Barnegat Leader

Barnegat School Reconfiguring Plan Implementation Delayed

Apr 19, 2019

A proposed reconfiguring plan for the Barnegat Township School District will not be implemented beginning in September 2019. Instead, District Superintendent Brian Latwis wants to explore the issue by inviting concerned parents to serve on a district improvement panel.

In a recent letter, Latwis said the decision was made following a March 14 informational meeting in which he presented the plan and sought feedback. Among various changes, the reconfiguration would have resulted in the four elementary schools housing two grades each rather than continuing as K-5 buildings. The Cecil S. Collins School would house pre-K and kindergarten. The Joseph T. Donohue School would be home for first and second grade. Third- and fourth-graders would attend the Lillian M. Dunfee School, while the Robert Horbelt School would house grades five and six. The Russell O. Brackman Middle School would house grades seven and eight instead of the current six through eight, becoming a junior high.

“We have gathered evidence that indicates many see the vast benefits of the proposed reconfiguration,” said Latwis. “However, these same surveys express concerns with the timing and implementation of this project.”

As a result, Latwis said the administrative team and board of education have agreed to delay implementation from the originally proposed date of this September.

“While we see many benefits from the proposed reconfiguration, we also put high value on all the stakeholders’ feelings and requests,” said Latwis. “The current district challenges we have presented are very real concerns, and we wish to partner with our community, addressing them to the best of our abilities.”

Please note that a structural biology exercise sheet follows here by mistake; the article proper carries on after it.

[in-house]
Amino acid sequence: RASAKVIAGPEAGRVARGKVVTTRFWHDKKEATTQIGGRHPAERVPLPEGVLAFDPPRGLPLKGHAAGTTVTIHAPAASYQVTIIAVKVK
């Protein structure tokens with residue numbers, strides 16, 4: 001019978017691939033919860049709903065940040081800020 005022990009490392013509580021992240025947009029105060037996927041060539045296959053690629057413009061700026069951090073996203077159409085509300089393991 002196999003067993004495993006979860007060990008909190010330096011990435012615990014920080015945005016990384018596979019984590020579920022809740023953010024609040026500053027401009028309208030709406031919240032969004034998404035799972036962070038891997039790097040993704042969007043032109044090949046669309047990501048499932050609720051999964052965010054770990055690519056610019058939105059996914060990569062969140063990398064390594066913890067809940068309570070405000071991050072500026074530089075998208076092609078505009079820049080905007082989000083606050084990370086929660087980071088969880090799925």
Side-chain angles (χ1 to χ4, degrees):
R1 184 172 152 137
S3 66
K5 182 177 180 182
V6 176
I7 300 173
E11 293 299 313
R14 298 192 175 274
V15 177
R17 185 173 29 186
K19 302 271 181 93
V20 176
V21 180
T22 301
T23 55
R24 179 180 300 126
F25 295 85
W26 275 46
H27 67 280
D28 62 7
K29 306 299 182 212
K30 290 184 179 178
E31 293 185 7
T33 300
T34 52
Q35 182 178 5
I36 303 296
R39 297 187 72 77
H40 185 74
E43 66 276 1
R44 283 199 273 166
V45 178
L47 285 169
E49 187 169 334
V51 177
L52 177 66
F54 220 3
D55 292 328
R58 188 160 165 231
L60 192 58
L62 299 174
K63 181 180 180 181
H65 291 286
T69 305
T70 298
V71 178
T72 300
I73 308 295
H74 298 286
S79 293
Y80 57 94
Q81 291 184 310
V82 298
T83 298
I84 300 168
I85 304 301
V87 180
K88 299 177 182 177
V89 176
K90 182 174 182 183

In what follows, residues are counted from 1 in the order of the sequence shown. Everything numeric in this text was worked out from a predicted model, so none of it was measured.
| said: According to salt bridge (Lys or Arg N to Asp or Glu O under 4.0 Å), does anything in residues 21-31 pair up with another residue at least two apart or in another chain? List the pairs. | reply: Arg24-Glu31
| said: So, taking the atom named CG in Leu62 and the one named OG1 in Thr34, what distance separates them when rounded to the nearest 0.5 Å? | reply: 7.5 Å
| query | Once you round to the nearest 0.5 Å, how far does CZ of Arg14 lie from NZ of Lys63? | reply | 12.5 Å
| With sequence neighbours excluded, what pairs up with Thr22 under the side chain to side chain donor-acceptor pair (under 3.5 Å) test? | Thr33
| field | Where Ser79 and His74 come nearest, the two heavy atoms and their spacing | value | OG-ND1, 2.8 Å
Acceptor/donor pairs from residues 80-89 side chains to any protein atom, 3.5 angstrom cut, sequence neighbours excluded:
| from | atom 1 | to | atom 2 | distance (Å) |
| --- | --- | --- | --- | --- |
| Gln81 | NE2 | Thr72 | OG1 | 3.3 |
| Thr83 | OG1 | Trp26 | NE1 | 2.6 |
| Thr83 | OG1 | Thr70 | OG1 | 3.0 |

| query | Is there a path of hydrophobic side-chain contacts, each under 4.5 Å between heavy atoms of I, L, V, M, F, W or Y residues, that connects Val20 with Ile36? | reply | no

Latwis said once the panel is formed, it would break into various subcommittees to look at specific issues. By the end of the month, he said, the roster of panel members as well as a meeting schedule will be announced.

“The panel would consist of parents, staff members and administrators,” said the superintendent. “We’re not going to have a timetable on implementing the plan. We’re going to do this step by step, and hopefully when we’re through, we’ll come up with a plan that is fair to everyone.”

He said anyone interested in serving on the panel can email him at

Tracy Sutton, a parent who recently spearheaded a petition drive opposing the plan, said she would be interested in serving on the panel.

“I know many other parents who are interested,” she said. “Parental input is extremely important when it comes to such a major change.”

“Not for nothing, but the whole train of thought expressed in the current superintendent’s letter is what should have been expressed from the very beginning,” said Sutton, whose petition had nearly 1,000 signatures. “Work with us parents, communicate with us, keep us informed, listen to our opinions and concerns. They may be Barnegat’s students, but they are our children, and they deserve nothing but the best education that can be provided to them.”

— Eric Englund

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